BAM! POW! What are the Best iPad Comic Apps?

by Reads (5,972)

Every week, an average of 100-or-so new comic books from DC, Marvel, and other publishers hit the racks of the 2,700-plus independent comic book stores across the United States. But ZAP! BAM! BOOM! Whether you’re into Spiderman or Archie, apps are now out there that will let you read the same comics on a digital device like an iPad or a PC. Although the iPad apps all leave something to be desired, you can find some big advantages as well to downloading your favorite comics on to your fave tablet. In this roundup, we’ll take a close look at the four major comic book apps for the Apple iPad, to help you figure out whether you want to give them a spin.

Comic book app for iOS

Most obviously, an iPad app will save you the trouble of going to the store to buy comics. An iPad app won’t take up physical space in your basement or closet, either, and your Mom is unlikely to throw it out. Digital comics won’t get dog-eared when you read them, or ruined by your pets. If anything bad ever happens to your iPad, you can always re-download the apps on to another tablet.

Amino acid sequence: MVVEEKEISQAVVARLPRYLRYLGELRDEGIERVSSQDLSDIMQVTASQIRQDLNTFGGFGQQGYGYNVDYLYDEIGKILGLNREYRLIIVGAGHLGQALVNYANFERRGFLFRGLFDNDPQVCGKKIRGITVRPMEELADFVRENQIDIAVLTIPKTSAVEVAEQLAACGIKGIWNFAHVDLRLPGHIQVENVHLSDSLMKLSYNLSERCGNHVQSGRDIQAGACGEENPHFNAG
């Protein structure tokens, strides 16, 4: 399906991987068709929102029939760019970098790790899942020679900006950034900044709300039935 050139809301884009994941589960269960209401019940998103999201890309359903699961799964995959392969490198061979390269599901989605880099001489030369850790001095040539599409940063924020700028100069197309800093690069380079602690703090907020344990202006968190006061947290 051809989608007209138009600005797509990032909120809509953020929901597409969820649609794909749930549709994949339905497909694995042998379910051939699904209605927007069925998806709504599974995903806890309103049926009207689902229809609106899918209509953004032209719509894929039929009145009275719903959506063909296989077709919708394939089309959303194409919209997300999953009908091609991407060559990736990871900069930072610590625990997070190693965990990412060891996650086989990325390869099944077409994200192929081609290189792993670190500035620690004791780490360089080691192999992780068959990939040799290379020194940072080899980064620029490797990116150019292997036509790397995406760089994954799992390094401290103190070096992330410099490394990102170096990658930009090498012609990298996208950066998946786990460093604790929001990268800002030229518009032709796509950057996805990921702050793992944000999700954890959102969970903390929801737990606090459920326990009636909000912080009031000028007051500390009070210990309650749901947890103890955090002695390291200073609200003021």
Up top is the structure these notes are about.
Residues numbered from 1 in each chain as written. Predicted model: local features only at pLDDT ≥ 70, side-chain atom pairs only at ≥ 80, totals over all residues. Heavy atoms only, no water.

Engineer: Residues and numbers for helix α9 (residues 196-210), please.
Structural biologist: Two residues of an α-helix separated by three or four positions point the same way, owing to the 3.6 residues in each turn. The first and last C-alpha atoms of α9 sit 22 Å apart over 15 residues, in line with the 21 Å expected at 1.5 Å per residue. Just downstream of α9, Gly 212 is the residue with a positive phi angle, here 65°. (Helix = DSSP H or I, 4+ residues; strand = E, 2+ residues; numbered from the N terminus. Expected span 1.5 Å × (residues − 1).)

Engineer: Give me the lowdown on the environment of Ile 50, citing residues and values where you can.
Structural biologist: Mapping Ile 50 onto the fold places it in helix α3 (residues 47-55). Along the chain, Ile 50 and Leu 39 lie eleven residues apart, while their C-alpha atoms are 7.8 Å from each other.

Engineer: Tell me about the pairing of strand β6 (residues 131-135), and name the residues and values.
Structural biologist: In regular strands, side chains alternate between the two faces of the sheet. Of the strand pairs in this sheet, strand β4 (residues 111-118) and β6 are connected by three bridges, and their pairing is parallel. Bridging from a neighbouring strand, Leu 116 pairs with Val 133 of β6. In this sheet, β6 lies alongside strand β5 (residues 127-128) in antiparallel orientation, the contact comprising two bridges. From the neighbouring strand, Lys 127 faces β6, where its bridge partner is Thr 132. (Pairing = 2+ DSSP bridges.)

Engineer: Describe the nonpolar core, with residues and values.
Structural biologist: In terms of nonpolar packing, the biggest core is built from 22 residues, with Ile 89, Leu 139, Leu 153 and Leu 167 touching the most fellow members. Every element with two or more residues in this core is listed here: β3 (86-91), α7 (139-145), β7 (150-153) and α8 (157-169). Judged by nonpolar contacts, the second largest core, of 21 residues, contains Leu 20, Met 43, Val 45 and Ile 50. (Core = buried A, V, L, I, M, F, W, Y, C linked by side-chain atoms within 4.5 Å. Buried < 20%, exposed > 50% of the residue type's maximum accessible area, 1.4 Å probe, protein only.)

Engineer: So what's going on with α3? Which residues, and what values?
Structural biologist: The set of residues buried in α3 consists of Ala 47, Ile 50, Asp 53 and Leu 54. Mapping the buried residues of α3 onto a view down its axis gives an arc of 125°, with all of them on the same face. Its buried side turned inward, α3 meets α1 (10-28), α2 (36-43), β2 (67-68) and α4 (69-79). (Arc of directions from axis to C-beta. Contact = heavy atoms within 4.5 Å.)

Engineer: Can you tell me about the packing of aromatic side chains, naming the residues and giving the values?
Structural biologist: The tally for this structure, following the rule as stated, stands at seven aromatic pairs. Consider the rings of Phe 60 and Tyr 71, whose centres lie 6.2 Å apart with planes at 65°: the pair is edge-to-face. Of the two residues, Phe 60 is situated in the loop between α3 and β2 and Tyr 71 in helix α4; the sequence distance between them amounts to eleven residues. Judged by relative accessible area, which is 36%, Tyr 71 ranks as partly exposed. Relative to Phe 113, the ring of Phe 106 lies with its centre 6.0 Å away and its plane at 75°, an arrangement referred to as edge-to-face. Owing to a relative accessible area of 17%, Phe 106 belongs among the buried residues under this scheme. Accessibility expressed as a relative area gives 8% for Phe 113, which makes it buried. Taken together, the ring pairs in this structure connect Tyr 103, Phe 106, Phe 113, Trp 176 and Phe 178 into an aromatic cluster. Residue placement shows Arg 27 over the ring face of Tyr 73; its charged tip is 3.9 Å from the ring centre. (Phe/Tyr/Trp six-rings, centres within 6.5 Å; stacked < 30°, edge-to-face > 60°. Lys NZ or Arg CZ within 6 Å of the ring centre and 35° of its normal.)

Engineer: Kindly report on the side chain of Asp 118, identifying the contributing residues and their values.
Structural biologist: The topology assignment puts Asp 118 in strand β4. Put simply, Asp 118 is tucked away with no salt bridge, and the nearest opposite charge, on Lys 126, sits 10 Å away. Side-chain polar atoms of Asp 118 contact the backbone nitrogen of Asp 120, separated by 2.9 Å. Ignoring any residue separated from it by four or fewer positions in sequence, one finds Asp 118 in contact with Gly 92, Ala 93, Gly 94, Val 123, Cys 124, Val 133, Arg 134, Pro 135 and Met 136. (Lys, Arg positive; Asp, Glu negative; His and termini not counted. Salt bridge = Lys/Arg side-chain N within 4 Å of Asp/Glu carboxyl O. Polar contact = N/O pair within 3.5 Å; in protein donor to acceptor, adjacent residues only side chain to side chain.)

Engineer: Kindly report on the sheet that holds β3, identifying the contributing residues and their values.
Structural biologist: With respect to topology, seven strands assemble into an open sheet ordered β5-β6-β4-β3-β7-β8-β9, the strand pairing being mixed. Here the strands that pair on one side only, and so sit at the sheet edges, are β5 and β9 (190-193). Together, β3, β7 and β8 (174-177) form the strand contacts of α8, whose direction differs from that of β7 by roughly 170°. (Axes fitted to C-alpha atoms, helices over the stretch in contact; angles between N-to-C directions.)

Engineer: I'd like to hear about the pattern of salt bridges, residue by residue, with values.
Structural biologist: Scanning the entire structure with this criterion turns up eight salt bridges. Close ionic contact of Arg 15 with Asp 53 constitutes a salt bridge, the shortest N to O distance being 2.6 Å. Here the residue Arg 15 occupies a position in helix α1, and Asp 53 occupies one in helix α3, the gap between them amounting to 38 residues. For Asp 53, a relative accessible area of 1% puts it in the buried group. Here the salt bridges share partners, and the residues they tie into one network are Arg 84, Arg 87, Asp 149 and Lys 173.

Price-wise, new digital comics typically cost the same as the paper versions — around $2.99 to $3.99 per issue. However, DC, Marvel and others drop the prices on digital comics by a dollar after four weeks. They also offer dozens of free full issues, along with weekly sale specials and hundreds to thousands of back issues for as little as .99 cents to $1.99 apiece.

The iPad’s 9.7-inch (diagonal) display isn’t quite as big as a page in a standard comic book, which measures 6.5- by 10-inches, or 12-inches on the diagonal. Otherwise, though, viewing quality is comparable.

On the other hand, iPad apps for buying, managing and reading digital versions of the new comic books could still stand a lot of improvement, as we’ll see further below.

Comics By comiXology (Free)

Comics by comiXology is the kingpin of the comics digital marketplace. Beyond comiXology’s own Comics app, several other comic book publishers use comiXology’s engine for their own branded apps. Your Comics account will let you see and read comics from both comiXlogy’s app and the other comiXology-based apps.

Comic book app